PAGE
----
Sherri Shepherd recently released a book entitled Plan D: How to Lose Weight and Beat Diabetes. Presently she’s one of the talk show hostesses on The View. She’s very funny and she’s always been a very large lady, actually the word is obese. She was interviewed by Doctor Oz this week and shared the diabetic history of her family. She said they called it “the sugar” and no one took any steps to deal with it, regardless of how much the disease had progressed. She too was guilty of the same behavior. Denial is the term for the way some people deal with situations they don’t want to face. She was in denial until someone asked her in so many words if she was ready to die one amputation at a time. She changed her life. She took charge. She changed her diet and began exercising. She changed a lIfe threatening situation into a life enhancing practice. She shared some of her new healthy eating techniques and said she now works out at a gym and has turned her home into a gym, not a fancy room with all the bells and whistles. The stairs are her “stair-master.” Her kitchen sink is her “ballet bare” and she never rests her bottom on the toilette. That’s her opportunity to do squats! Diabetes changed her life, for the better.
This second of week of May, 2013 the media has been full of news about Angelina Jolie and her choice to have a prophylactic double mastectomy. It’s not an unusual story. It’s a decision thousands of women have faced and many of whom have chosen the same path. Angelia’s mother was diagnosed with ovarian cancer when her mother was in her forties. She died at 55. She decided to undergo the gene test to see if it was indeed a hereditary condition and it came back positive. She had an 87% chance of dying of breast cancer. She chose not to wait for fate to decide her future. She chose to take radical steps to insure that she would not have the words “breast cancer” on her death certificate. Her popularity, perhaps we could even say notoriety, propelled her decision to the front of the news. I personally commend her for making her decision public. It opens the avenue for important discussions. It’s similar to when Betty Ford stepped forward as First Lady and shared she was undergoing treatment for breast cancer. We sometimes need celebrities to she’d light on issues that might otherwise go unexamined.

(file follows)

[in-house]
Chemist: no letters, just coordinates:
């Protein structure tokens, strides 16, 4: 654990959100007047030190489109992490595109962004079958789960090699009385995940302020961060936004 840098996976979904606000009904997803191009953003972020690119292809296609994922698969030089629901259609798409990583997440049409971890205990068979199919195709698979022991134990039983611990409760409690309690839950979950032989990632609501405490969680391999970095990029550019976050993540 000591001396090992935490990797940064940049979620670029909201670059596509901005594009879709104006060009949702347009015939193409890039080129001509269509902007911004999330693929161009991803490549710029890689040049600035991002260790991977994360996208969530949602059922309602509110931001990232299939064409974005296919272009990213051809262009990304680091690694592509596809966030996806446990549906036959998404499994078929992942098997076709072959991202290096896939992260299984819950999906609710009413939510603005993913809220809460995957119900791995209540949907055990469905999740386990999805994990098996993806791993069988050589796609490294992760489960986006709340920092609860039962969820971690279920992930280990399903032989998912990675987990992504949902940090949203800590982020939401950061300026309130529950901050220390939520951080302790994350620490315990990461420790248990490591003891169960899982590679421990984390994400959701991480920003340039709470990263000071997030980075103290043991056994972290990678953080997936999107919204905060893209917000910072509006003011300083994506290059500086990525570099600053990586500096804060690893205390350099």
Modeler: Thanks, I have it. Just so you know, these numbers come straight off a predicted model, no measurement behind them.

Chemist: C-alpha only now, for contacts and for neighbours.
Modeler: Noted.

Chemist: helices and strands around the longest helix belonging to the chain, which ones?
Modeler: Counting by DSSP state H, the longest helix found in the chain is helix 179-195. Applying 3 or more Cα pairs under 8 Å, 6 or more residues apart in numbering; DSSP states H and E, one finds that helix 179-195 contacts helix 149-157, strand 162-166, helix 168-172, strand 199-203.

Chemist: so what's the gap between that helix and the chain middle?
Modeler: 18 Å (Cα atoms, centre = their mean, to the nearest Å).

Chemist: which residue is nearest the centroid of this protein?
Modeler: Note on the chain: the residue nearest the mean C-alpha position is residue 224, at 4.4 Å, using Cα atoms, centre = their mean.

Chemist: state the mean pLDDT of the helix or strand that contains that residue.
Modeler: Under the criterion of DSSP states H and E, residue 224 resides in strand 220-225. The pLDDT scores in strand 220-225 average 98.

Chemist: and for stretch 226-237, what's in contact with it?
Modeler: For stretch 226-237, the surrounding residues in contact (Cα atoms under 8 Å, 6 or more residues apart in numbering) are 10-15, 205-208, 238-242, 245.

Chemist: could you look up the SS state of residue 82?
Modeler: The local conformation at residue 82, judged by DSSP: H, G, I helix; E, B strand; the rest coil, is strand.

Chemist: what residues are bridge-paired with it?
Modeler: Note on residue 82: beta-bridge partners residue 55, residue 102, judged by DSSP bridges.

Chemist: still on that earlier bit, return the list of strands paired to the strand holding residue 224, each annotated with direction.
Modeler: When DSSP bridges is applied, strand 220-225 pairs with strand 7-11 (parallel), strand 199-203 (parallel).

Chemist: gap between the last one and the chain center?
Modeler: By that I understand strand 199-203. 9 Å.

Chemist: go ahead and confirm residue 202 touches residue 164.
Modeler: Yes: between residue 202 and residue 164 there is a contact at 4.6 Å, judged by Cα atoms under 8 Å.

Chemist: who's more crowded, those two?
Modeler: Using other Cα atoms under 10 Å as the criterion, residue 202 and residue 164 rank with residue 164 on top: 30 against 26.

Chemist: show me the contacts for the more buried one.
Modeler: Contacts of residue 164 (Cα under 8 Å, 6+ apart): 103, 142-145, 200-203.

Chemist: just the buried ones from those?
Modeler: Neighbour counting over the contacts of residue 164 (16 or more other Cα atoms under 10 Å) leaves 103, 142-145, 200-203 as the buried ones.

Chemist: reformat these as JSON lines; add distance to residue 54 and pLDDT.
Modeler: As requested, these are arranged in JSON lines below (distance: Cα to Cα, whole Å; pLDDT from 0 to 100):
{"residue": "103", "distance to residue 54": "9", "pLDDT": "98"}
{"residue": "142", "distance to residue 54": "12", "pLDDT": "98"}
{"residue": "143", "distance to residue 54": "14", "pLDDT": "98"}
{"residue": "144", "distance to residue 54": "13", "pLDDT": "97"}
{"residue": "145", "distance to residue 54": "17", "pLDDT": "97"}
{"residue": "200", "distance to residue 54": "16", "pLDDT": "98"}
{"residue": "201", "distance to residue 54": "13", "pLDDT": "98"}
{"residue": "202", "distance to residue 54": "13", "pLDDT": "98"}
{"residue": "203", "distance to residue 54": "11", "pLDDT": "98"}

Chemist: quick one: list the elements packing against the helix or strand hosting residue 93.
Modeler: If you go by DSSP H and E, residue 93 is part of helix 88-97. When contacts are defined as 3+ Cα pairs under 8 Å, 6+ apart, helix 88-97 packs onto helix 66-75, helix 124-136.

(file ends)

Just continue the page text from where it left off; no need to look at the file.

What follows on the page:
When we are in the middle of some challenge, it’s almost impossible to see it as beneficial. I believe we need to move away and outside of it before we can begin to see ways it may and can bless our lives. It’s all about the whole package, all of life’s lessons are valuable. We are all going to be faced with adversity. Most of us will come through it; there’s no going around it. How we perceive our experience will be determined by how we view our lives. Do we wake each morning and see the blessings the day may bestow upon us or do we rise in fear and dread? What are we focusing on? How do you view the glass, half empty or half full? I’m not talking about not recognizing your sadness and fear. We must acknowledge all our emotions but once we’ve done that and walked through the “valley of death” do we want to continue to suffer (maybe some do.) I, however, would prefer to let the experience teach me whatever lesson I needed to know and then take that knowledge and use it to make me “stronger! stronger! stand a little taller!” as Kelly sings and to enjoy a tall cool glass of that lemonade.